Reviews for Silly Sally


Horn Book Guide Reviews 2007 Fall
"Silly Sally went to town, / walking backwards, upside down." In this rhyming story well-suited to a toddler audience, Sally meets various silly animals (pig, dog, loon, sheep) and one person, all of whom join her on her trip. The illustrations in this lap-size board book edition are almost as large as the original edition's. Copyright 2007 Horn Book Guide Reviews.

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Horn Book Guide Reviews 2008 Spring
"Silly Sally went to town, / walking backwards, upside down." In this rhyming story well-suited to a toddler audience, Sally meets various silly animals (pig, dog, loon, sheep) and one person, all of whom join her on her trip. The illustrations in this lap-size board book edition are almost as large as the original edition's. Copyright 2008 Horn Book Guide Reviews.

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Kirkus Reviews 1992 March
The characters in Wood's sunny, simple pen and watercolor illustrations fairly bounce off the page in this exuberant cumulative rhyme. Bloomers-topmost, Silly Sally goes to town ``walking backwards, upside down''; along the way, she meets a silly pig, a silly dog, a silly loon, and a silly sheep--until, finally, Neddy Buttercup (``walking forwards, right side up'') comes along and manages to get the whole crew into town in a frenzy of tickles, grins, and flying limbs. A surefire read-aloud. (Picture book. 3-7) # !! KI 3/15/92 !! Copyright 1999 Kirkus Reviews

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School Library Journal Reviews 1992 April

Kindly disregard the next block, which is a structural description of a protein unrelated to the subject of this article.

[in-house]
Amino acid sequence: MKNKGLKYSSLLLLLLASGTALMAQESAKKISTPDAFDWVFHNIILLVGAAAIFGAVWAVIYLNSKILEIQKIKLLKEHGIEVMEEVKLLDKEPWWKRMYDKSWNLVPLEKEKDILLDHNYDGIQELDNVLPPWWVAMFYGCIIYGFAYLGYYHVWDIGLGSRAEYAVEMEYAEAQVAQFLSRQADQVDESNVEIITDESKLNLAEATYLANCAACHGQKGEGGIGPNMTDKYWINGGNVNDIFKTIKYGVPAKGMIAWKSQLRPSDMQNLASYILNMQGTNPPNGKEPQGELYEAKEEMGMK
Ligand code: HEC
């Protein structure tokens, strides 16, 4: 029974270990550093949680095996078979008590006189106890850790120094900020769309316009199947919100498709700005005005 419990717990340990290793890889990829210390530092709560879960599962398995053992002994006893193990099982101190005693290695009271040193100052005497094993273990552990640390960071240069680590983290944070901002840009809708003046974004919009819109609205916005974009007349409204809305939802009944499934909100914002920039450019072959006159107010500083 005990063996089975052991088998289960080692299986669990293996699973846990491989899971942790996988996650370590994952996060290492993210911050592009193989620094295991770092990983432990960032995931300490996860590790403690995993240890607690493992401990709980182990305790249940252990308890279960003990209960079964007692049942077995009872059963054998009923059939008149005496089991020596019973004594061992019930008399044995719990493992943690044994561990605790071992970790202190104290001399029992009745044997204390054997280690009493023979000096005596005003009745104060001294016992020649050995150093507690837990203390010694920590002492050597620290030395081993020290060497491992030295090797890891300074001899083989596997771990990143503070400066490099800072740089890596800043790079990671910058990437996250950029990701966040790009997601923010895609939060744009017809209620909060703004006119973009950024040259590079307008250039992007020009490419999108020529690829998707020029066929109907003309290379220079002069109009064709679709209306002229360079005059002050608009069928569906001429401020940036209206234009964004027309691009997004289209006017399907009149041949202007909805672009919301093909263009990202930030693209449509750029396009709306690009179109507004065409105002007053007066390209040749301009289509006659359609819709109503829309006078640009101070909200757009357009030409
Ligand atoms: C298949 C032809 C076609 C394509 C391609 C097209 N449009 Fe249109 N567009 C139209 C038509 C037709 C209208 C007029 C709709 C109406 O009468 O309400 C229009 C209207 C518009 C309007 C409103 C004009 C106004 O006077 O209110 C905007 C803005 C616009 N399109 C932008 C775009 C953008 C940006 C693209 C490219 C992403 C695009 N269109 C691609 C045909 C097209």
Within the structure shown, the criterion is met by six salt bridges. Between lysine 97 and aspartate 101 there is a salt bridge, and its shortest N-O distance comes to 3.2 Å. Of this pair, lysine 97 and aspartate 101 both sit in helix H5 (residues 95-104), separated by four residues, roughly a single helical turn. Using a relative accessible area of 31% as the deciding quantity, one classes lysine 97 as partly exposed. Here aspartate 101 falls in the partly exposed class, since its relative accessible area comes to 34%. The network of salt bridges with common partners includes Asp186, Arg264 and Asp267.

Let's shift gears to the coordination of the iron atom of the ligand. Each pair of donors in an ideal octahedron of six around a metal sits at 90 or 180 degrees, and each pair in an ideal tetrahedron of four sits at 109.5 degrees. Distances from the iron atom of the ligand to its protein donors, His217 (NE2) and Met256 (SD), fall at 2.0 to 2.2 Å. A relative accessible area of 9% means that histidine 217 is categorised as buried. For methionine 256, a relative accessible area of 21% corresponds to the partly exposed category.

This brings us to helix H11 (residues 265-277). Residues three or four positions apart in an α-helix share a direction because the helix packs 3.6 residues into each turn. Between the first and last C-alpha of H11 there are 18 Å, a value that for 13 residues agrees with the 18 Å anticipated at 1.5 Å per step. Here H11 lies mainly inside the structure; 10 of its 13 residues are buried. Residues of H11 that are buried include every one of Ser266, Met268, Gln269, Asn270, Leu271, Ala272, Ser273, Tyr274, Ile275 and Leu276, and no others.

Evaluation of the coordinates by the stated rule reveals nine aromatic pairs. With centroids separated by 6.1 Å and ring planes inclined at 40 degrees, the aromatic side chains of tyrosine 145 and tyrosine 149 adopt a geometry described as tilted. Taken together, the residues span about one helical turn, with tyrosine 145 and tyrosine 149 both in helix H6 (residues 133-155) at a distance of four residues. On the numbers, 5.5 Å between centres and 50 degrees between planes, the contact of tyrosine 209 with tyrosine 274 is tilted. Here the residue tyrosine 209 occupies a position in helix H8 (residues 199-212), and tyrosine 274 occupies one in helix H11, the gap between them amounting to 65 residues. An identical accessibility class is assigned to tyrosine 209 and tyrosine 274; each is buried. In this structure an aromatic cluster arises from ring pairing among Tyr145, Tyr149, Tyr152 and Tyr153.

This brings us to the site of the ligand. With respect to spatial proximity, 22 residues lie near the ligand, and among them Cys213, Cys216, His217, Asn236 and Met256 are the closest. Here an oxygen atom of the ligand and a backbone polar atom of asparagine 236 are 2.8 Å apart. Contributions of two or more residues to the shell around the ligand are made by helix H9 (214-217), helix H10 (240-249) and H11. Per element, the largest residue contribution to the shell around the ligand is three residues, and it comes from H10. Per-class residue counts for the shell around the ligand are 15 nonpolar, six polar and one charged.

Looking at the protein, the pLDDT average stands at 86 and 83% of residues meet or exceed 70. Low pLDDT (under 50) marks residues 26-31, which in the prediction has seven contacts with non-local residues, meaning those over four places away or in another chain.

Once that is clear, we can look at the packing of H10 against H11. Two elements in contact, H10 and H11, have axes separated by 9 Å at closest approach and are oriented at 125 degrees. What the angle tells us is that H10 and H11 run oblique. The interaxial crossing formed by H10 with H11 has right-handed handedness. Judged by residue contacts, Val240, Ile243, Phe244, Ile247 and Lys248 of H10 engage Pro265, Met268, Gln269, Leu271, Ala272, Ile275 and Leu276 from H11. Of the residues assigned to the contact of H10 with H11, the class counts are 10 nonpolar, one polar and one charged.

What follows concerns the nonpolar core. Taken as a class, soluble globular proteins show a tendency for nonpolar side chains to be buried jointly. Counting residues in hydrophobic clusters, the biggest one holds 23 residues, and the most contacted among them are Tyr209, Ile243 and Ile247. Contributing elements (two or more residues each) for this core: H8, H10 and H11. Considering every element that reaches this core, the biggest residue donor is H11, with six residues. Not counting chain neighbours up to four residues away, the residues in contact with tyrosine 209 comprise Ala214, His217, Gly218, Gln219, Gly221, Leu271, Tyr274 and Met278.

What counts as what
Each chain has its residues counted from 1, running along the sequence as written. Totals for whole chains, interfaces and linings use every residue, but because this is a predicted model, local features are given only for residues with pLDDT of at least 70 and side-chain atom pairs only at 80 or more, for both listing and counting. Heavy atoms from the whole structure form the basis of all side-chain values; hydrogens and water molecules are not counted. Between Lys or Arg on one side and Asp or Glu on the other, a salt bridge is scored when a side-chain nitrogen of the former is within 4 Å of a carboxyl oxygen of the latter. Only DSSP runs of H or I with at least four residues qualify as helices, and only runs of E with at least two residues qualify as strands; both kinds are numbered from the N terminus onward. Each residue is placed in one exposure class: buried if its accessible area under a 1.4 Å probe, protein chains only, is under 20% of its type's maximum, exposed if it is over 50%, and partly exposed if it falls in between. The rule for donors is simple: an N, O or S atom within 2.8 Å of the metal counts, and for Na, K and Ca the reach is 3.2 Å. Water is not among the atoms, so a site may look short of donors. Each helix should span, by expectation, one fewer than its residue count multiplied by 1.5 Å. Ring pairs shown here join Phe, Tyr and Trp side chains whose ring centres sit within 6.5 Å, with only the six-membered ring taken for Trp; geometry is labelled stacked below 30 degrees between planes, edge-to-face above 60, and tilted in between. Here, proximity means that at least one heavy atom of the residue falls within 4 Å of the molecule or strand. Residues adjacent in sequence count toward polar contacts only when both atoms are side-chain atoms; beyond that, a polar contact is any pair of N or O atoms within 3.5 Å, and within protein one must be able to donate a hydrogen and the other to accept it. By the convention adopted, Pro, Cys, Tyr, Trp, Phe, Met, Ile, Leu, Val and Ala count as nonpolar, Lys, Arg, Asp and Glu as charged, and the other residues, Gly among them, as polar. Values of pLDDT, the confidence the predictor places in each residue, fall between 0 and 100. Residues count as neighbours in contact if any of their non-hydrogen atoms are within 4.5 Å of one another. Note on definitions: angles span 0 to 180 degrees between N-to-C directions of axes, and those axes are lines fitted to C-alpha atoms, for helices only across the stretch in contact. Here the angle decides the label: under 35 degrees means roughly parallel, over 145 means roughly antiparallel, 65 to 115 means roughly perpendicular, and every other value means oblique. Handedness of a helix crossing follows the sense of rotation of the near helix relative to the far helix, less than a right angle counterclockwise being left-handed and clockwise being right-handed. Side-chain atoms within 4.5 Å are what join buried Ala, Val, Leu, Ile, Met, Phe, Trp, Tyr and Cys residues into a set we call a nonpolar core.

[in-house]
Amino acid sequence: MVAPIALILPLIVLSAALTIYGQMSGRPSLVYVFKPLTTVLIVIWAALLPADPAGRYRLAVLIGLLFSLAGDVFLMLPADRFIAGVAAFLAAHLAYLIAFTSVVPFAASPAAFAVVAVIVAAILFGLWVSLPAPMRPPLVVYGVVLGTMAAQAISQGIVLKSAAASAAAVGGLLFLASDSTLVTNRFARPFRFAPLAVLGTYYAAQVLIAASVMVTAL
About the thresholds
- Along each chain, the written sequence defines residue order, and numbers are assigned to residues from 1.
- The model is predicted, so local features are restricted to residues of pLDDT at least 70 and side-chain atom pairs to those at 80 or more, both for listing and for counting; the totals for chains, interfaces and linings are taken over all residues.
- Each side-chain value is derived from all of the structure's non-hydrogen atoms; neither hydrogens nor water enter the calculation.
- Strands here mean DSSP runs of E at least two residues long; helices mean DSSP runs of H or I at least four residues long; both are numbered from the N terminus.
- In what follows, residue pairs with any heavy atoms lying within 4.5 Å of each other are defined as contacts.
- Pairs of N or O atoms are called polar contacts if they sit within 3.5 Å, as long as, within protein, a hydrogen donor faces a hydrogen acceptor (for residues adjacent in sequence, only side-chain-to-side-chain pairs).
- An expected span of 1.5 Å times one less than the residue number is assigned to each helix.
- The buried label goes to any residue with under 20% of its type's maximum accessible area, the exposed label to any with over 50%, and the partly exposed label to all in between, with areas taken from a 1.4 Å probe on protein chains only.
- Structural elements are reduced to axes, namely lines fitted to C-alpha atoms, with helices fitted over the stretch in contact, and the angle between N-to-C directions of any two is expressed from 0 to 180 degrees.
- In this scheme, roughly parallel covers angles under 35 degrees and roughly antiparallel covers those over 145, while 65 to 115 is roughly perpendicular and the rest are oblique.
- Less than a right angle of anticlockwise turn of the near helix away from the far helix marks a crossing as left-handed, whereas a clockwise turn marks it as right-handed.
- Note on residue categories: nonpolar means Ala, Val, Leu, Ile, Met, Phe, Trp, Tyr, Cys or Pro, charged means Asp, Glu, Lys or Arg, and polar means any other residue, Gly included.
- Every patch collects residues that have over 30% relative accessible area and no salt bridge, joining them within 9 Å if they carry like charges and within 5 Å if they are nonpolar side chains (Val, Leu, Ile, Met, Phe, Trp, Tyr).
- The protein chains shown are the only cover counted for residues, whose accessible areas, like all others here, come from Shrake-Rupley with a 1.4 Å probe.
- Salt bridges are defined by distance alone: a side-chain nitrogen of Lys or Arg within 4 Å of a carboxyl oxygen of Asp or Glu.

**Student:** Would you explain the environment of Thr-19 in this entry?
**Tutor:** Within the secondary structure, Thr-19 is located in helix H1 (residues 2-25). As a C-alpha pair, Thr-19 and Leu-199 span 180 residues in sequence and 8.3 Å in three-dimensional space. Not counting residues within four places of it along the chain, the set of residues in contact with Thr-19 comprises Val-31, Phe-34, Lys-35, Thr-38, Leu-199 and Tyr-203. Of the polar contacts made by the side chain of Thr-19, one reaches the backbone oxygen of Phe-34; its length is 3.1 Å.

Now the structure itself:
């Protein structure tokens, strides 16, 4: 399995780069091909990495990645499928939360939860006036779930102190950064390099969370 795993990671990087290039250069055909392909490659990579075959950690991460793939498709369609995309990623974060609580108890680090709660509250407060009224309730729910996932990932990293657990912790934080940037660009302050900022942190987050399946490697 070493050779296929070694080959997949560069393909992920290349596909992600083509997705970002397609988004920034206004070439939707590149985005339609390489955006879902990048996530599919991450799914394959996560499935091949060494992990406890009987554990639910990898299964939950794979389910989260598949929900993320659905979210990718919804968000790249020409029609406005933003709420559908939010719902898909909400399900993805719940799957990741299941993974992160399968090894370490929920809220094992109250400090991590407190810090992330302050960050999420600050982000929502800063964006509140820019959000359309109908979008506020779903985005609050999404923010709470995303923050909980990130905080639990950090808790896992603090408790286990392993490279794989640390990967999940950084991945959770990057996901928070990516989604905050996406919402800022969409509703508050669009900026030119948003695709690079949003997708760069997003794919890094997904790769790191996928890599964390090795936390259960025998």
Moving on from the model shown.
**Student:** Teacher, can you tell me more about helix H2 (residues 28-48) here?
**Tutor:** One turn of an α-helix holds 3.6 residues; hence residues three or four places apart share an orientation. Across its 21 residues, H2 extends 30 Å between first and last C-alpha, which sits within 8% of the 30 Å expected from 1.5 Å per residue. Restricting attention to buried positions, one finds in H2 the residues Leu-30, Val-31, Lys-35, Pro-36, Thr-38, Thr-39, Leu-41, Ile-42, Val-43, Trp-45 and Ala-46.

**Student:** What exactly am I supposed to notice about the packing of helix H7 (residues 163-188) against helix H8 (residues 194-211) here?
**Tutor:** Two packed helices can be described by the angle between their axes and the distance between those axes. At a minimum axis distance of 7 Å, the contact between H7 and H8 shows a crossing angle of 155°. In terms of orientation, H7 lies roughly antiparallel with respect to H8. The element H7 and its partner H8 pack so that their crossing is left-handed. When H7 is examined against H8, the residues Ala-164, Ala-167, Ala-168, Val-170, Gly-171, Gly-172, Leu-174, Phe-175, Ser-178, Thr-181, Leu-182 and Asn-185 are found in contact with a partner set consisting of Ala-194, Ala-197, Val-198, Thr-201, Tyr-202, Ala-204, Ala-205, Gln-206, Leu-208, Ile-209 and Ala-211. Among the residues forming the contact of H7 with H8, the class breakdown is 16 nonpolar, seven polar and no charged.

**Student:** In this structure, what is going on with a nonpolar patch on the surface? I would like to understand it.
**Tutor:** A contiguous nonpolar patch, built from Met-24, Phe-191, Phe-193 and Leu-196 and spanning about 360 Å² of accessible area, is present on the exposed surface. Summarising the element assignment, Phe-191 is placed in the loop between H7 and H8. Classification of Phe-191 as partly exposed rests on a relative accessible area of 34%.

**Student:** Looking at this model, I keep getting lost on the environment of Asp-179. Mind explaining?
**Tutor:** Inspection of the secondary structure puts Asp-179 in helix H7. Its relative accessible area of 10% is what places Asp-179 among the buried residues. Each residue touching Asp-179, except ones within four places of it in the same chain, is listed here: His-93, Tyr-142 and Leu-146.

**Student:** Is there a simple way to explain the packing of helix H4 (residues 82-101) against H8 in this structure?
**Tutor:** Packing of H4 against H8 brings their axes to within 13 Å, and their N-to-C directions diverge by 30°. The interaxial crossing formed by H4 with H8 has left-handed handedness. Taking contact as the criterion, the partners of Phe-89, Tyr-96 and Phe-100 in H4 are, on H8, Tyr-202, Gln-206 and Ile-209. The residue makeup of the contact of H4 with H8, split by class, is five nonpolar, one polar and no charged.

PreS-K-- Watercolor cartoons illustrate this bit of cumulative nonsense. ``Silly Sally went to town,/ walking backwards, upside down./ On the way she met a pig,/a silly pig,/they danced a jig.'' Sally and pig (upside down) meet and are joined in their walk by a dog, a bird, a sheep and (ta-dum!) Neddy Buttercup, who sets everything to rights. However, Silly Sally manages to get them all in formation whereupon they proceed to town following her roundabout lead. Bright double-page spreads carry the tale, forecasting each encounter. Sally, with orange corkscrew hair, a mischievous grin, and wearing ruffled pantaloons beneath her purple frock, appears to be able to coerce 'most anybody into 'most anything, and soon has the townspeople walking backwards, upside down. No moral, no underlying theme, no real story--just unabashed silliness. --Virginia Opocensky, formerly at Lincoln City Libraries, NE Copyright 1992 Cahners Business Information.

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